Music instrument technology refers to the construction of instruments and the way they have changed over time. Such change has produced modern instruments that are considerably different from their historical antecedents.
An example is the way in which many instruments commonly associated with a modern symphony orchestra are markedly different from the same instruments for which European composers were composing music centuries ago.
Such changes include the addition of piston valves to brass instruments, the design of more complex fingering systems for woodwind instruments such as the flute, and the standardization of the family of orchestral string instruments.
Many advancements were made in music instrument technology during the Middle Ages and 19th Century. The introduction of copper smelting allowed for trumpets, organ pipes, and slides to be constructed with sheet metal which had a smooth texture and consistency in thickness, allowing for more range of tones and sounds. Improvements in molding and casting during the 19th Century allowed for technological advancement to pianos. While originally constructed with wooden frames, limiting the amount of sound that could be produced, pianos began to be constructed of one-piece iron frames. This provided a more amplified volume from the instrument and allowed musicians to use less force when playing the instrument. Improvements in drum tuning were also established at this time. The "Dresden" model of tuning, involving steel technology and employing a foot petal with ratchet in order to attach the device to the timpani, was invented by Carl Pittrich. This technology allowed for timpani to be tuned much faster by the musician. The Dresden tuners could also be added onto existing timpani, allowing symphonies to continue using their existing instruments while still employing this new technology. Lastly, the 19th century also lead to the development of valves, and when added in to the construction of trumpets and horns, they allowed for the instruments to express a broader range to the harmonic series of notes being produced.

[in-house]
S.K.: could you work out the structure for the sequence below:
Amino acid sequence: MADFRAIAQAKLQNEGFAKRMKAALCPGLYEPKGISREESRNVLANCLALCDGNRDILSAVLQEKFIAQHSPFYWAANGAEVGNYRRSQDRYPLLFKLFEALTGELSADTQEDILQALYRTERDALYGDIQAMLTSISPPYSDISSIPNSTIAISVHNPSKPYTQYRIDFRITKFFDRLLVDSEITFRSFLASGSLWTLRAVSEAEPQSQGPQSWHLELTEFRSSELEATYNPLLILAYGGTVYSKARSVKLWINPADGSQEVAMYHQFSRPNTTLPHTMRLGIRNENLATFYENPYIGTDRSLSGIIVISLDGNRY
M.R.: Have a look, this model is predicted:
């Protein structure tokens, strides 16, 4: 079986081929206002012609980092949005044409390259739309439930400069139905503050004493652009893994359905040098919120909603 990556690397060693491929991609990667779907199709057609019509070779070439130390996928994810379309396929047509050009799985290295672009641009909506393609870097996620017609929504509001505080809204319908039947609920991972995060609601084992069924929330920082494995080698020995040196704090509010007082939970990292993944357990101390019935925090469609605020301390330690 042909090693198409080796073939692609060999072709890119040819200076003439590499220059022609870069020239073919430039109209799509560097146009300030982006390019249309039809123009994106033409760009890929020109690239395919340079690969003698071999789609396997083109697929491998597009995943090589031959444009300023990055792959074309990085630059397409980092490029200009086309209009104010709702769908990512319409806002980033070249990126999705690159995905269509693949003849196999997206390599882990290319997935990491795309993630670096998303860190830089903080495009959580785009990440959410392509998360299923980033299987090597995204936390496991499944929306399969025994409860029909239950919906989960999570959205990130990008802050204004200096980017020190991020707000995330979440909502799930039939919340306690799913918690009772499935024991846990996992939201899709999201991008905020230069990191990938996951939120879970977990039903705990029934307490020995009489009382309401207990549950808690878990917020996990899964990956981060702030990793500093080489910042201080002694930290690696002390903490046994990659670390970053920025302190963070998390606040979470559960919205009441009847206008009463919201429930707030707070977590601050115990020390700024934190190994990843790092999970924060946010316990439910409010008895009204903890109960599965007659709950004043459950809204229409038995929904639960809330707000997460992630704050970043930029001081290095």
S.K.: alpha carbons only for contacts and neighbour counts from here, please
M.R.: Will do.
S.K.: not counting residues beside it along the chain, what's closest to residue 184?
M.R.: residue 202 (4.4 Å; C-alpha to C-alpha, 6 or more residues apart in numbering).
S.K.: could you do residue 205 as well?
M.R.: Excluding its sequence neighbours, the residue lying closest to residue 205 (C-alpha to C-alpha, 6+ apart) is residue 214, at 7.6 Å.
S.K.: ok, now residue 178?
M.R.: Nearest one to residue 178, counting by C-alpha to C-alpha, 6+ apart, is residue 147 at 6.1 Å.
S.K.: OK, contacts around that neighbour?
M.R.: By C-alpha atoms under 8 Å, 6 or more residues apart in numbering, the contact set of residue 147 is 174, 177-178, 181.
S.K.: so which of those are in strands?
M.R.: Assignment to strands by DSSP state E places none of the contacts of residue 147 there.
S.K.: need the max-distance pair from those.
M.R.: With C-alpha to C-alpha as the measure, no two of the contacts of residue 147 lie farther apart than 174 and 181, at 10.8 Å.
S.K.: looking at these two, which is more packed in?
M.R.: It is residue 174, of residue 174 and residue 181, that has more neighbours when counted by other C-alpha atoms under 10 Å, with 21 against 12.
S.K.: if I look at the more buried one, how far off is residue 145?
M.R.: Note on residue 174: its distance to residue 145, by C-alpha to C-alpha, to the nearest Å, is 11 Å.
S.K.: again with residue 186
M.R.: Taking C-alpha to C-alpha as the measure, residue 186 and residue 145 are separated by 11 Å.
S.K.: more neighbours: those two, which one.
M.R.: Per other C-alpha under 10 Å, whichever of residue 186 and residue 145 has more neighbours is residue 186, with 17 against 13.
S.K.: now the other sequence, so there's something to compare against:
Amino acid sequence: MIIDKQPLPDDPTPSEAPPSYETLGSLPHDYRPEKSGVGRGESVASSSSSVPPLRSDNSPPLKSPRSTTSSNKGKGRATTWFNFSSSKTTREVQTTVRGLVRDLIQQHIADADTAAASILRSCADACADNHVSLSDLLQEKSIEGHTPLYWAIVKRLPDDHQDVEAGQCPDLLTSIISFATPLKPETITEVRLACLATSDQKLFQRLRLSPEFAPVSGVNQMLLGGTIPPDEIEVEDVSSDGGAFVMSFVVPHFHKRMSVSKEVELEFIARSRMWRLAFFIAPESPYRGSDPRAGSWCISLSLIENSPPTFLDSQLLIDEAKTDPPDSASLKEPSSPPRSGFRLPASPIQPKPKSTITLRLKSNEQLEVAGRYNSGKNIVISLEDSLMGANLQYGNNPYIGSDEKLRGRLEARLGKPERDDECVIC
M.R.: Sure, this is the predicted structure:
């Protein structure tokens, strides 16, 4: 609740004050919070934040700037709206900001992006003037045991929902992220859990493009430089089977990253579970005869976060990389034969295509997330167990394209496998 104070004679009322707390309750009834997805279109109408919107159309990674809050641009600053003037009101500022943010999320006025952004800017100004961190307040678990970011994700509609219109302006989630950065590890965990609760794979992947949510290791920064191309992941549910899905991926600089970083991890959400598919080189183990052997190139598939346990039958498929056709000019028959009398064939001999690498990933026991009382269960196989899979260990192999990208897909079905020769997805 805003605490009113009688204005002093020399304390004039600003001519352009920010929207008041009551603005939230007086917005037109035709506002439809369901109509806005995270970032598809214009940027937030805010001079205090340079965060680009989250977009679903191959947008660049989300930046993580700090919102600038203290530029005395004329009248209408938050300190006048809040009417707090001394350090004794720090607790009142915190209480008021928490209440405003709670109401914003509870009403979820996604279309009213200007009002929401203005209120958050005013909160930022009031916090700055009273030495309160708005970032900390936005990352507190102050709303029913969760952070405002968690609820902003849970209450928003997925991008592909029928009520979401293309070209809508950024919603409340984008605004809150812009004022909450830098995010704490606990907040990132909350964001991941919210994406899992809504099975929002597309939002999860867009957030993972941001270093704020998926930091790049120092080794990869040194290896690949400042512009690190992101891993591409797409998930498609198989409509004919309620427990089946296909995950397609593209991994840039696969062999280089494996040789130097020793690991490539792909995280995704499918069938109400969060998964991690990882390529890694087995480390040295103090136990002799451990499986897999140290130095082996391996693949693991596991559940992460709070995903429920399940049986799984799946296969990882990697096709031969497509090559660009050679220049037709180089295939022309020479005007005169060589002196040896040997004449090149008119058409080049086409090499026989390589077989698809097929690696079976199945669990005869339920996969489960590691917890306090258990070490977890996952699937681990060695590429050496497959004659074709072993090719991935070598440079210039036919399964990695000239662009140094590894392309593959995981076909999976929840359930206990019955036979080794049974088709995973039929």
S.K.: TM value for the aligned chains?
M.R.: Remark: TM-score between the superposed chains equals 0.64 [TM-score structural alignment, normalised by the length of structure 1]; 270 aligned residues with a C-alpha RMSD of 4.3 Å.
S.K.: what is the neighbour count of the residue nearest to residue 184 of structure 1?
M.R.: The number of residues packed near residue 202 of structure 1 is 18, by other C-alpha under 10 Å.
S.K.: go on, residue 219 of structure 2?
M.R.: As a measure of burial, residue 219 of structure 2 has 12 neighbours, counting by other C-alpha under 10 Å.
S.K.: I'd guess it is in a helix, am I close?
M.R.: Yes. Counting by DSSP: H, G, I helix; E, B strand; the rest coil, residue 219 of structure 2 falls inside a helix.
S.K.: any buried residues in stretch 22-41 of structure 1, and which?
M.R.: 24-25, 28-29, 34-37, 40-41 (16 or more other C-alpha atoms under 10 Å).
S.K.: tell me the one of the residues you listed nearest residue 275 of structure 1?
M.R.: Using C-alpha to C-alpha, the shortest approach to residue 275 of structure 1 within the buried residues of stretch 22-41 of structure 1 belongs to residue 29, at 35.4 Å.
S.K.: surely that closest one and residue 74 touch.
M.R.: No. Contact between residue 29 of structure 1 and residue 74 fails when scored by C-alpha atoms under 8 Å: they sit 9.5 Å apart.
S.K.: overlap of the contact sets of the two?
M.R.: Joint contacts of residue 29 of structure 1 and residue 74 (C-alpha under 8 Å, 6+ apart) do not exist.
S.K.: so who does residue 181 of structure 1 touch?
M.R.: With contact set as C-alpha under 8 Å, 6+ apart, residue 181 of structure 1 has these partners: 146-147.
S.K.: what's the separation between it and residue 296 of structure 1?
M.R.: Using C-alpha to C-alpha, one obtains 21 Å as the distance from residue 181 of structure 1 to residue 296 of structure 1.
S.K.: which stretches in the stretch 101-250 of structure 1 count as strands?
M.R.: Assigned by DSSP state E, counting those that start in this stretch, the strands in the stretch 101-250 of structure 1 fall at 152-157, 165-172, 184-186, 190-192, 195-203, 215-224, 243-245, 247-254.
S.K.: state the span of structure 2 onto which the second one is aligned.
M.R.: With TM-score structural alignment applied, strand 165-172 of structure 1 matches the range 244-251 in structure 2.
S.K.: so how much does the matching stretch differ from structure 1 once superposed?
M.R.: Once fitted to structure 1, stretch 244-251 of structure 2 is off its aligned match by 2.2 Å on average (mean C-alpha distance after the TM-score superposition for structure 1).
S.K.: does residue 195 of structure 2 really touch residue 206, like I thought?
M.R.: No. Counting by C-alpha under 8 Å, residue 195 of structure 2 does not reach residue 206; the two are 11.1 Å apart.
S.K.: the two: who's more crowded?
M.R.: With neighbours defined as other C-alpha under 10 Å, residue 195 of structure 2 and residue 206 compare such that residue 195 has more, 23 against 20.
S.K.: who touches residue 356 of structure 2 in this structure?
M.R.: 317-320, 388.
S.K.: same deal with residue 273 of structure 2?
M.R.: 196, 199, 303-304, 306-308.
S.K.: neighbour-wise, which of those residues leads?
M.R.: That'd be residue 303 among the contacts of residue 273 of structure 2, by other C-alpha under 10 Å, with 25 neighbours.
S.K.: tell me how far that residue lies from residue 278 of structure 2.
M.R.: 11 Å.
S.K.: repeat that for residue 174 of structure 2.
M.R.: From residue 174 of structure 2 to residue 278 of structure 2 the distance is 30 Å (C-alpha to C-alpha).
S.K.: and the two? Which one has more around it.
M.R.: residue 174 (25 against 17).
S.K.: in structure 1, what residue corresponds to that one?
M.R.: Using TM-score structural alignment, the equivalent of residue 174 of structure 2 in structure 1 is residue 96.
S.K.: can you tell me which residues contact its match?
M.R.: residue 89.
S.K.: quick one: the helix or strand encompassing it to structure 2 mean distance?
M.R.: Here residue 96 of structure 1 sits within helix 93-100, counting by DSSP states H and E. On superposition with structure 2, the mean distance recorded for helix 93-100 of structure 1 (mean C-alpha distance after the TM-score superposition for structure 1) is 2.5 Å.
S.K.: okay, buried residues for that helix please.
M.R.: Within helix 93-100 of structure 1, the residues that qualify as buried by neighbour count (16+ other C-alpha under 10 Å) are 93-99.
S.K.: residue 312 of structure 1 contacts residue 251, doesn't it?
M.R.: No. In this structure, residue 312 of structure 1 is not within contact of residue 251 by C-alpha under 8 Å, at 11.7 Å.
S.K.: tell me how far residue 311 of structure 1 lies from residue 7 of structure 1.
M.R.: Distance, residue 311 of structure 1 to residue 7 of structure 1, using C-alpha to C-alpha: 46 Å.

Some of this technology represents patentable advancements in the musical instrument industry. See Musical Instrument Patent of Week
Bowles, Edmund A. "The Impact of Technology on Musical Instruments." Cosmos Club. N.p., n.d. Web 16 Oct. 2013.